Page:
Welcome back to part 2 of Gut Health. Since we spoke about GUT HEALTH & LEAKY GUT let’s take it one step further and talk about Irritable Bowel Syndrome. This is a very common topic and is also known as, IBS. We talk about risk factors, symptoms, diagnosis, prevention and treatment of IBS. IBS impacts many people and many don’t even know they have this! If you want to listen to the episode now you can do so by CLICKING HERE!
♡ What is IBS?
IBS is a disorder that affects the large intestine. It typically presents with symptoms of cramping, abdominal pain, bloating, gas and diarrhea or constipation or both. These subtypes will sometimes be known as, IBS-D (D for diarrhea) and IBS-C (C for constipation). It is a chronic condition and many people may have it without being diagnosed with it or even realizing that this is what they have.
The overall approach in treating these patients is typically with diet, lifestyle and stress management. More severe cases may need both medication and counseling. This goes right into its strong association with psychological factors. You can easily notice this with yourself when your gut reacts to changes in your mood or when you are under particular stress.
Typical IBS symptoms you may experience include:
Alternating bouts of stool changes
Mucus in the stool
And these symptoms range from being continuously present to not present at all
♡ Contributing Factors in IBS?
You get muscle contractions in your intestines
Your intestines are a crucial part of the digestive system which helps move food along and the process starts from the moment you put food in your mouth. Incredible right?
What happens in IBS is that the contractions are stronger and longer or if the contractions are weaker it can slow the passage of food leading to constipation and other symptoms
Nervous system or your CNS is also important
For example, if you have poor signals between the brain and the intestines it can cause your body to overreact to changes that normally occur in the digestive process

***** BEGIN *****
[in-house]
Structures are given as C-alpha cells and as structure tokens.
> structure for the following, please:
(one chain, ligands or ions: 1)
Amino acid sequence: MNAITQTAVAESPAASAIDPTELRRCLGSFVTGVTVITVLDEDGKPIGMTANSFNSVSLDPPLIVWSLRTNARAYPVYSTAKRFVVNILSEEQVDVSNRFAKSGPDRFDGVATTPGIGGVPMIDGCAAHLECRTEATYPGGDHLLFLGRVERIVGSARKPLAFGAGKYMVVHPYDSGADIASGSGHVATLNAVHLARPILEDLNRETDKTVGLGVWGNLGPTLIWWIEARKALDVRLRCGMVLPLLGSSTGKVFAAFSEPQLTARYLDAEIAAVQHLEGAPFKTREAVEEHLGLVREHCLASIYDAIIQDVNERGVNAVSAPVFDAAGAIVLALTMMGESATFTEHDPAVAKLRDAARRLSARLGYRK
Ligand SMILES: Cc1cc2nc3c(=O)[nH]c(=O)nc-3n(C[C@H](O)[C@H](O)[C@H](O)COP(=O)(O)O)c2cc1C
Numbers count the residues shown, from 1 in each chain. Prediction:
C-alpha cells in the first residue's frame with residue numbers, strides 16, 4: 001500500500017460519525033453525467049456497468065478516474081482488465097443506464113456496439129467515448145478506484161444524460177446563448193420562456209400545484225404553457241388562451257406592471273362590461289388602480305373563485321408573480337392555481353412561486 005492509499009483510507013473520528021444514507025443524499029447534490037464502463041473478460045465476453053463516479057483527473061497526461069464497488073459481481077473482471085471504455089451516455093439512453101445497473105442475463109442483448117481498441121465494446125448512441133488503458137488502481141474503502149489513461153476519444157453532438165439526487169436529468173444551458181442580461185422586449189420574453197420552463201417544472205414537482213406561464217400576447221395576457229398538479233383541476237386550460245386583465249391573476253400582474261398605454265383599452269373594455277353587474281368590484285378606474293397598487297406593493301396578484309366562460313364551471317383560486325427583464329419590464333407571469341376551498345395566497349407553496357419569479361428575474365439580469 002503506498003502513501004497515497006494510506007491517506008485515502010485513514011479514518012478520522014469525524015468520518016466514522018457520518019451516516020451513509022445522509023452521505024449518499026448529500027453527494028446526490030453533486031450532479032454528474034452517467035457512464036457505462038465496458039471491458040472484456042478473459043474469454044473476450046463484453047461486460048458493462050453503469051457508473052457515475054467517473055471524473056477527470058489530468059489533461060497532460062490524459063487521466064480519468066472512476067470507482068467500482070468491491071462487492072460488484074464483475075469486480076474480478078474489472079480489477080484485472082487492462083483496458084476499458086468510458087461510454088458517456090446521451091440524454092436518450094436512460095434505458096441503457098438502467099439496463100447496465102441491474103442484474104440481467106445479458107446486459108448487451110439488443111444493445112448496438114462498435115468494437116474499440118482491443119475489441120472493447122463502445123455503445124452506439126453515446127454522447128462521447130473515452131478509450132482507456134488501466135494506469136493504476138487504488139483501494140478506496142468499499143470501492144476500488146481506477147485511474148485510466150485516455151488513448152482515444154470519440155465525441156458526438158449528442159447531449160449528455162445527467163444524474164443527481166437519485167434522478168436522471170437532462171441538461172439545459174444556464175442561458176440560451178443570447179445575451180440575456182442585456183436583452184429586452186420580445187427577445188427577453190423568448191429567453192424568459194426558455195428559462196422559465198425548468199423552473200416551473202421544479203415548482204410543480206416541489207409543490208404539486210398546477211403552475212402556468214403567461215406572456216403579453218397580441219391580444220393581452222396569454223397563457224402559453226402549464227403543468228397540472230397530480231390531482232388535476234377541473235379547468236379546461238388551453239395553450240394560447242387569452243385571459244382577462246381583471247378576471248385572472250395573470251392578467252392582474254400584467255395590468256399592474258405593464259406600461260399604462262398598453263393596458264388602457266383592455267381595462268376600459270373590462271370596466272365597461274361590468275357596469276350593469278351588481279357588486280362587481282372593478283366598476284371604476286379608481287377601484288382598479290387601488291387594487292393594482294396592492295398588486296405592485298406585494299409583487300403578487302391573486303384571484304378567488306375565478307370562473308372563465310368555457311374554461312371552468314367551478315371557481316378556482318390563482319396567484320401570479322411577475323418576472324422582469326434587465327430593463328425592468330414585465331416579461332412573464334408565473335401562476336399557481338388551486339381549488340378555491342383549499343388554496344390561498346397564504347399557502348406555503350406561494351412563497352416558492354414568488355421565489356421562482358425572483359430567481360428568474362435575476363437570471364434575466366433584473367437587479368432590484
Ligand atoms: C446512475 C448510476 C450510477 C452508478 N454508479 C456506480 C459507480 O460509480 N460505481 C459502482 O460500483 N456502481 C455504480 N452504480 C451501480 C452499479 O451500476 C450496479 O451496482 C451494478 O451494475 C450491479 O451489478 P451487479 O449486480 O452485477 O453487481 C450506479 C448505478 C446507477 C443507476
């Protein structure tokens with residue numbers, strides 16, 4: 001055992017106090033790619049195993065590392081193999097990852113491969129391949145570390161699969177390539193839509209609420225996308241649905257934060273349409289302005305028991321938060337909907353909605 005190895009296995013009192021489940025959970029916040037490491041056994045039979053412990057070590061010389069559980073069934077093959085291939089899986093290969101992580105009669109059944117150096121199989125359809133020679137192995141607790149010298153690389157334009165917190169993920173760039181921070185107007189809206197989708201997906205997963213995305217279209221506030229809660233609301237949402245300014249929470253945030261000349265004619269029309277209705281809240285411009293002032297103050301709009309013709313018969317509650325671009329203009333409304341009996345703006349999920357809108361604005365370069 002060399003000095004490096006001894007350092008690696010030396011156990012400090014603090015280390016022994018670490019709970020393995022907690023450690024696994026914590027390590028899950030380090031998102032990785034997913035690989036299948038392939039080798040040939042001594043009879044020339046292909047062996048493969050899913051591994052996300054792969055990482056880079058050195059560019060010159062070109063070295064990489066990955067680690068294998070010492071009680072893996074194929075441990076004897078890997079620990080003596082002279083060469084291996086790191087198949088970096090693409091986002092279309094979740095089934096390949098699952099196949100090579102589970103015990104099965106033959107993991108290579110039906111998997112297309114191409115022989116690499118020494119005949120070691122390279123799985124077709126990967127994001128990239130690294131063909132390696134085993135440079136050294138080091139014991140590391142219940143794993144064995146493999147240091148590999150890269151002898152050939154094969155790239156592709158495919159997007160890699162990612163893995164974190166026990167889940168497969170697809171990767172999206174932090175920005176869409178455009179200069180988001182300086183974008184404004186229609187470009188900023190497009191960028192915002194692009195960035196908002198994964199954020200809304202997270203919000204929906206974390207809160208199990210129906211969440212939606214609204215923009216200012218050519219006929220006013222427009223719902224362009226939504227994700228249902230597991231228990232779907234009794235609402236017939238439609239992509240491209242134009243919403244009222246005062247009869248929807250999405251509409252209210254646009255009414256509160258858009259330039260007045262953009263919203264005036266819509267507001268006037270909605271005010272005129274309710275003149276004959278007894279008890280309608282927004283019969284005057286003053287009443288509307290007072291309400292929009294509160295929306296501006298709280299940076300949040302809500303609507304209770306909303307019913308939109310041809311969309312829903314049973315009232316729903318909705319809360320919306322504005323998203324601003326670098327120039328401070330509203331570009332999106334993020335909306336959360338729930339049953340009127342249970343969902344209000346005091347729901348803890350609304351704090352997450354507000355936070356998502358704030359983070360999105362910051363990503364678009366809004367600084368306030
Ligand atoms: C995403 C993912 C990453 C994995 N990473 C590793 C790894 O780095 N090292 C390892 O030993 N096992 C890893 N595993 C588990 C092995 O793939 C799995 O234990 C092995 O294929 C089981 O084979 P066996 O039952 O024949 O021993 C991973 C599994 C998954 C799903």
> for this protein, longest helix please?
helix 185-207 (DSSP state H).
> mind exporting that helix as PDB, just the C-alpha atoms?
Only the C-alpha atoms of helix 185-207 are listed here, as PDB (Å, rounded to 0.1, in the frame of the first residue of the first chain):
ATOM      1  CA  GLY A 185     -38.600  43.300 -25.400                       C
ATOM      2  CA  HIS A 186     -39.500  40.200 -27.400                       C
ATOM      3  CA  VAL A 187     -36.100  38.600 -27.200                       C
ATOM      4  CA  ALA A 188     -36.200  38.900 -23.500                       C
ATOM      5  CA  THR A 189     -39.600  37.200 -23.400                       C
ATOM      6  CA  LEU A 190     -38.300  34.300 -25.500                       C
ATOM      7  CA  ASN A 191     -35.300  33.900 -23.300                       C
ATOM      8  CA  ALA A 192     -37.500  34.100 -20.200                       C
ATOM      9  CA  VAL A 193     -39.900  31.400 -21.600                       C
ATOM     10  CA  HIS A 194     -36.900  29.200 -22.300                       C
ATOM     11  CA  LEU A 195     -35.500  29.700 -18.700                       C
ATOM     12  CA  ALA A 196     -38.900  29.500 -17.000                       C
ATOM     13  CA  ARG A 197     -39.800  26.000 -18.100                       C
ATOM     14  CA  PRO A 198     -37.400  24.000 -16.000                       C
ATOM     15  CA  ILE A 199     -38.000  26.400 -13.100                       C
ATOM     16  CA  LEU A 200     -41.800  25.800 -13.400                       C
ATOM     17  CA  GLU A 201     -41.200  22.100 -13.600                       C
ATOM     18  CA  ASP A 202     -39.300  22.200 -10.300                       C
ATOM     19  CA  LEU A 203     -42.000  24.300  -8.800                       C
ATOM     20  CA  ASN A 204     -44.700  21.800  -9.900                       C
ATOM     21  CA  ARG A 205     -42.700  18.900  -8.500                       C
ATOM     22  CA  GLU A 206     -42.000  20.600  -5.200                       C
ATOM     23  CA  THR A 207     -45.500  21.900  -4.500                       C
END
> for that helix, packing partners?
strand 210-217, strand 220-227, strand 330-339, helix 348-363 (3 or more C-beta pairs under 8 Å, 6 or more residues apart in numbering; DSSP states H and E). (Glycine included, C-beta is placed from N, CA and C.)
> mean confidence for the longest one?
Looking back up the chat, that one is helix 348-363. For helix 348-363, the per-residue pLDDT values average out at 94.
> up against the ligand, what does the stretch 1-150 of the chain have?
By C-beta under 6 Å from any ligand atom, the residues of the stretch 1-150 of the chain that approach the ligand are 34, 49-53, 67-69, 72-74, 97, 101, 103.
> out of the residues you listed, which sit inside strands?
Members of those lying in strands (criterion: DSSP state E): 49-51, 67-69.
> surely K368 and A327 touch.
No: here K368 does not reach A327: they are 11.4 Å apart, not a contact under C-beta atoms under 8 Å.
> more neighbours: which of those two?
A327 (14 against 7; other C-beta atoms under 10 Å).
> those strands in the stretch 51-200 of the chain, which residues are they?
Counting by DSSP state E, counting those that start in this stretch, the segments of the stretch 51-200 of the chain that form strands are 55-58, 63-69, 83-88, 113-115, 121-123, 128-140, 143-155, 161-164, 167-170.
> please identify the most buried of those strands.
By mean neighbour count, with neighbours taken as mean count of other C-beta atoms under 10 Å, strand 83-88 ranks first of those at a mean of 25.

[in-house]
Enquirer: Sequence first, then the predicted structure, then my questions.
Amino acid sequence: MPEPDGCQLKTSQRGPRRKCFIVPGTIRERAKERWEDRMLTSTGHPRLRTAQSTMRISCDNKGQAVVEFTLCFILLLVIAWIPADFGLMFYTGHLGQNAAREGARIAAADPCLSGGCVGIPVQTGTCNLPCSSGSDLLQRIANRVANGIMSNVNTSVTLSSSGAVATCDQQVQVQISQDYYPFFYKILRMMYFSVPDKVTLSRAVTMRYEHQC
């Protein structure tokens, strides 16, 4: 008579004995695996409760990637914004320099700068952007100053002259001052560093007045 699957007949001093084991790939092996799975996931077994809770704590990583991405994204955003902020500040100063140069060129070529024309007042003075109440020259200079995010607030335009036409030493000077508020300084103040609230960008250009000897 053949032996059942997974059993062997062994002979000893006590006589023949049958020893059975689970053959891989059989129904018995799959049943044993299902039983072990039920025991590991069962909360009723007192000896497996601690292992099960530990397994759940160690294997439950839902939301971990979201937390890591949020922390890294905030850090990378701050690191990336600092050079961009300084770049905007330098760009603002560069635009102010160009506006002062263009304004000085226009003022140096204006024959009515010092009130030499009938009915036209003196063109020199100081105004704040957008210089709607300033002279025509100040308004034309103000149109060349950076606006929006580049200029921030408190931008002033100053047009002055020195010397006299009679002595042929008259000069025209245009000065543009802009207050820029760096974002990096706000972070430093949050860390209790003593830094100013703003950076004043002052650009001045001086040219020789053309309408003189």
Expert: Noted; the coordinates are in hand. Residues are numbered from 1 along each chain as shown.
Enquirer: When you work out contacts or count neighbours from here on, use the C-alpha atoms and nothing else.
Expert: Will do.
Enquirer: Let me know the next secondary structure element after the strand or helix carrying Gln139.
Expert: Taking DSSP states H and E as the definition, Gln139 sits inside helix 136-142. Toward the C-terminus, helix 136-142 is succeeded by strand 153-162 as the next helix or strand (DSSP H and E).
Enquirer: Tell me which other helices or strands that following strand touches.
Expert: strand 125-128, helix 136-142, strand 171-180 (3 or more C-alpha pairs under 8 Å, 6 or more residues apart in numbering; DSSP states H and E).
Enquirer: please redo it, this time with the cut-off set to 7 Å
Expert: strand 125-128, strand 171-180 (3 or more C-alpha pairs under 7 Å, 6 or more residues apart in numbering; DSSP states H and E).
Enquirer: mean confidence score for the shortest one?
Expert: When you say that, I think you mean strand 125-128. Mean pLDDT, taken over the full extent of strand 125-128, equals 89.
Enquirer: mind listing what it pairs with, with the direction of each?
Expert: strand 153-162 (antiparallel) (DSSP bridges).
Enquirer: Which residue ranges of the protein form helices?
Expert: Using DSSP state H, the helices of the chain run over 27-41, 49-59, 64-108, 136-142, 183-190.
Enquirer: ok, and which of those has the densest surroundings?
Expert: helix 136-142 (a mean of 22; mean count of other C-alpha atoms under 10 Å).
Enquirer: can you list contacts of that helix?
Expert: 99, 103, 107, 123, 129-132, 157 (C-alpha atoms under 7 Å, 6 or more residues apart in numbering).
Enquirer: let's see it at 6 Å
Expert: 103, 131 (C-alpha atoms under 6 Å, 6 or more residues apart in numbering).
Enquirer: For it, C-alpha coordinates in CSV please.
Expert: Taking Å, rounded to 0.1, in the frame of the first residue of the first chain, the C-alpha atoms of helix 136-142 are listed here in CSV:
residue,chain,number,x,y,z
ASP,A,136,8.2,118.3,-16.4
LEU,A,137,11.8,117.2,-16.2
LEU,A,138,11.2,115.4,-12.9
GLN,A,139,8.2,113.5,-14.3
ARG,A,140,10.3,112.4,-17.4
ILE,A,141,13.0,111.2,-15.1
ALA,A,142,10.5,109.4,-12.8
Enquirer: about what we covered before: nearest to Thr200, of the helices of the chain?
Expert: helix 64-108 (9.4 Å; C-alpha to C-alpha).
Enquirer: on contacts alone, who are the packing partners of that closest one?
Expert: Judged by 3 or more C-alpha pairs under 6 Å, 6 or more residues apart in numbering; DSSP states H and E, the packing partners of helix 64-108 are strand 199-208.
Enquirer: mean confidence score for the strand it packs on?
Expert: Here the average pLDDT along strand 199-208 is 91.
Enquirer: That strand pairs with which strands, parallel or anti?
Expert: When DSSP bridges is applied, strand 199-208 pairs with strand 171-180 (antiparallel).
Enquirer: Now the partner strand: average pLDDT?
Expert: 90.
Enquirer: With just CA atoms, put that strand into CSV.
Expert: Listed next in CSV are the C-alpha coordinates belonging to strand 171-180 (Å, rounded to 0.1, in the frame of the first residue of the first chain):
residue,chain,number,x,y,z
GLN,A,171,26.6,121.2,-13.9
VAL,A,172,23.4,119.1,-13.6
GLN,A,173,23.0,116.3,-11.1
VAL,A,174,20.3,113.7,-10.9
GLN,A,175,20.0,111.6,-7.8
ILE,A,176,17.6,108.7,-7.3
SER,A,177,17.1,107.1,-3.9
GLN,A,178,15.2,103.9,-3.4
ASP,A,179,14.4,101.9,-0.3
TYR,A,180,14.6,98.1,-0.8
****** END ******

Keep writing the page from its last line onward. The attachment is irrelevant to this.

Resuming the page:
Inflammation in the intestines
Pretty self-explanatory, we would say
If you have a severe infection
I.e.: after an episode of gastroenteritis or due to bacterial overgrowth
Changes in bacteria in the gut (also known as, microflora)
These changes are common in healthy people but may be different in those suffering from IBS
♡ Key Triggers and Risk Factors
Key Triggers are: food, stress and your hormones!
Young (typically less than age 50)
Family history of IBS
Mental health issues (i.e.: anxiety, depression, abuse)
Complications include: hemorrhoids, mood disorders and a poor quality of life
Prevention is focused around:
Progressive relaxation exercises
Mindfulness training (one of our faves!)
So in order to diagnose a physician will typically figure out the subtype of IBS first (i.e.: constipation predominant, diarrhea predominant, mixed or unspecified).
The criteria for diagnosis involves:
Exhibiting pain and discomfort with defecation
Frequency and stool consistency altered with at least one day a week of symptoms for 3 months
Along with two of the following three additional criteria:
Pain relieved by defecation
Change in stool frequency or change in bowel consistency
In these cases, physicians may also want to rule out something more severe as well as underlying infection, lactose intolerance, bacterial overgrowth, cancer, etc.
Treatment is aimed at eliminating the causal factors as much as possible and dietary as well as, lifestyle changes.
Let’s talk about the infamous low-FODMAP diet which stands for Fermentable Oligosaccharides, Disaccharides, Monosaccharides, And Polyols diet.
They consist of short-chain carbohydrates that are poorly absorbed and rapidly fermented by gut bacteria, resulting in the production of gas and an increased osmotic fluid load (aka water) within the gut lumen.
The effects of dietary FODMAPs may contribute to the symptoms of IBS-D.
A trial involving 84 adults with IBS-D compared a low-FODMAP diet to a diet based on modified National Institute for Health and Care Excellence (mNICE) guidelines. In this study, patients on the low-FODMAP diet reported relief of their symptoms (52% versus 41%) and decrease in abdominal pain (51% versus 23%) than those on the mNICE diet.
There are also pharmacological therapies that have been approved. These include: alosetron, linaclotide, lubiprostone.
a peripherally acting serotonin type 3–receptor antagonist approved for the treatment of IBS-D in women aged 18 years or older if they fail of conventional therapy.
Adverse effects: severe constipation and ischemic colitis.
Note: You have to take a risk evaluation and mitigation strategy training program before taking this drug. INTENSE.
It’s also not approved for men with IBS-D because they included only a small amount of men in the clinical trials.
is a peripherally acting guanylate cyclase-C activator approved for the treatment of IBS-C
is a peripherally acting chloride channel activator also approved for IBS-C in women aged 18 years or older
These are just some of the options and of course counseling is another important aspect of treatment as we alluded to earlier.
In summary, the best bet is to change your lifestyle around, keep stress at a minimum and seek help through social support to get through this condition or at least keep it at bay.
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